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Alberta premier responds to Ottawa's pending pipeline purchase


Alberta Premier Rachel Notley is holding a news conference in response to the federal government’s announcement it will purchase the Trans Mountain Pipeline.

Notley is scheduled to speak to reporters inside the plaza of Edmonton’s federal building. CBC News will livestream the news conference, which is set to begin at 10 a.m. MT.

The Liberal government announced Tuesday it will buy out the Kinder Morgan pipeline and its related infrastructure for $4.5 billion.

Finance Minister Bill Morneau made the announcement at a news conference with Natural Resources Minister Jim Carr, days before a drop-dead date set by Kinder Morgan. 

Morneau said the government does not intend to be a long-term owner and, at the appropriate time, the government will work with investors to transfer the project and related assets to a new owner or owners.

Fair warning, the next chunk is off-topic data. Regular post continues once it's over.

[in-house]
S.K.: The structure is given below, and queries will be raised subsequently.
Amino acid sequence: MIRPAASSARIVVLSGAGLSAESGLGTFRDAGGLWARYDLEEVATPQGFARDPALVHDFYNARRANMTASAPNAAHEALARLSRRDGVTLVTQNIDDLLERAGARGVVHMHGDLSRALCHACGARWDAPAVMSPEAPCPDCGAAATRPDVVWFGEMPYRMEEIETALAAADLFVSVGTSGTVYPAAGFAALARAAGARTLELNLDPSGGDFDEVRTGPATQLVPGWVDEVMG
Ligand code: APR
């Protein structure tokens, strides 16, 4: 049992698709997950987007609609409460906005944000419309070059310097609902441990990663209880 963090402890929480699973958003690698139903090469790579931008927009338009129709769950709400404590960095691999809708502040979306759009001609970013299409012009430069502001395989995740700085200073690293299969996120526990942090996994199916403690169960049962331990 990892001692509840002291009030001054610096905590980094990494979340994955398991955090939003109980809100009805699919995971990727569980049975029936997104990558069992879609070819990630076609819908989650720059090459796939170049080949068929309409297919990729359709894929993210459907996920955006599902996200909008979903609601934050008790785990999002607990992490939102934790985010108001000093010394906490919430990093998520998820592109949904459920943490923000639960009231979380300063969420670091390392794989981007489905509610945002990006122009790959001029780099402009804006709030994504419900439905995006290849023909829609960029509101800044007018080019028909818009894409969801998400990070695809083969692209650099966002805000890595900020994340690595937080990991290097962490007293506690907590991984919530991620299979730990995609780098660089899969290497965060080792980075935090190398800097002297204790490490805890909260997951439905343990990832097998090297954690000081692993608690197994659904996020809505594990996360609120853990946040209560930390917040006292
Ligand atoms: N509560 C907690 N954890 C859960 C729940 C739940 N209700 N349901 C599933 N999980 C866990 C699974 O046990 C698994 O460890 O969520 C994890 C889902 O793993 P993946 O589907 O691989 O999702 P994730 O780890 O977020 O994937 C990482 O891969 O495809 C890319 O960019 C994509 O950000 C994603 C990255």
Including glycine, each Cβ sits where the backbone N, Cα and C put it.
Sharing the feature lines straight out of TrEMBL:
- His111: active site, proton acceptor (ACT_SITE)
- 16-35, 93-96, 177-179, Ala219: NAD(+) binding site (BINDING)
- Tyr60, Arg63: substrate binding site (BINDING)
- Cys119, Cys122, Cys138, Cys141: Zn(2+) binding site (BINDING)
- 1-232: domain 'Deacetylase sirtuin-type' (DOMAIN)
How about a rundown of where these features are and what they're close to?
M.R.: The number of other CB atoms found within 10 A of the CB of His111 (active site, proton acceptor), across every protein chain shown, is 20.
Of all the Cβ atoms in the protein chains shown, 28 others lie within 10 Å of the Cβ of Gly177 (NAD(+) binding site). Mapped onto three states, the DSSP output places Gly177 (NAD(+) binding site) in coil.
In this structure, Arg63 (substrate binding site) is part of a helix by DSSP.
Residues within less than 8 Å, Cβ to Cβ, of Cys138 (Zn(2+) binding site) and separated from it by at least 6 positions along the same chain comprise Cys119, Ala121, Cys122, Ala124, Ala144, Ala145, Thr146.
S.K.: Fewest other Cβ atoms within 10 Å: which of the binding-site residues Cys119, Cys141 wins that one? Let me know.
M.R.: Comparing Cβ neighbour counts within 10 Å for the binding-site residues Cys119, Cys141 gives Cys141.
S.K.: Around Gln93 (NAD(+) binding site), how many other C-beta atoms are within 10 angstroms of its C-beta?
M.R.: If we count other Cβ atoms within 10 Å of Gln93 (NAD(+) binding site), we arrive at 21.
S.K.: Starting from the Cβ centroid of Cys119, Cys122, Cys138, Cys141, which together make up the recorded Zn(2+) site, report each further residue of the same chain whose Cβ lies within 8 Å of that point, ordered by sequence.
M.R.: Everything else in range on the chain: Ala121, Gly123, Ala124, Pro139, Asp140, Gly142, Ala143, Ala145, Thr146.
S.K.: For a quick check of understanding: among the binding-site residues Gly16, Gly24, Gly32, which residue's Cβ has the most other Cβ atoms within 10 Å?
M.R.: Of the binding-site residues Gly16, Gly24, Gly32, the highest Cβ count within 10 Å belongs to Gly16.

“I have a set of mixed emotions about this,” said Dennis McConaghy, former executive vice president at TransCanada PipeLines Ltd.

Government doesn’t plan to be long-term owner

It’s a “bittersweet moment” that the federal government was required to take out a private sector company to salvage a project, said McConaghy on CBC Radio’s Edmonton AM Tuesday.

He described the purchase as an “enormous” intervention on the part of the federal government to get the project done.

The move is “fundamentally positive for Alberta’s overall interests,” he added.

The key short term issue is when construction will resume, and in the long term there are questions around the details of how the transaction will unfold, he said.

He doesn’t expect any third parties to step in by purchasing the project before it’s completed. It makes more sense to let the government take on all the completion risk, he said.

“I think most private owners are going to be happy to buy this thing once it’s been built,” McConaghy said.

Ottawa is expected to funnel billions of dollars into the controversial pipeline expansion, which has an overall estimated price tag of $7.4 billion.

Kinder Morgan issued an ultimatum to the federal government, threatening to abandon the project completely if a clear path forward for pipeline construction wasn’t found by May 31.





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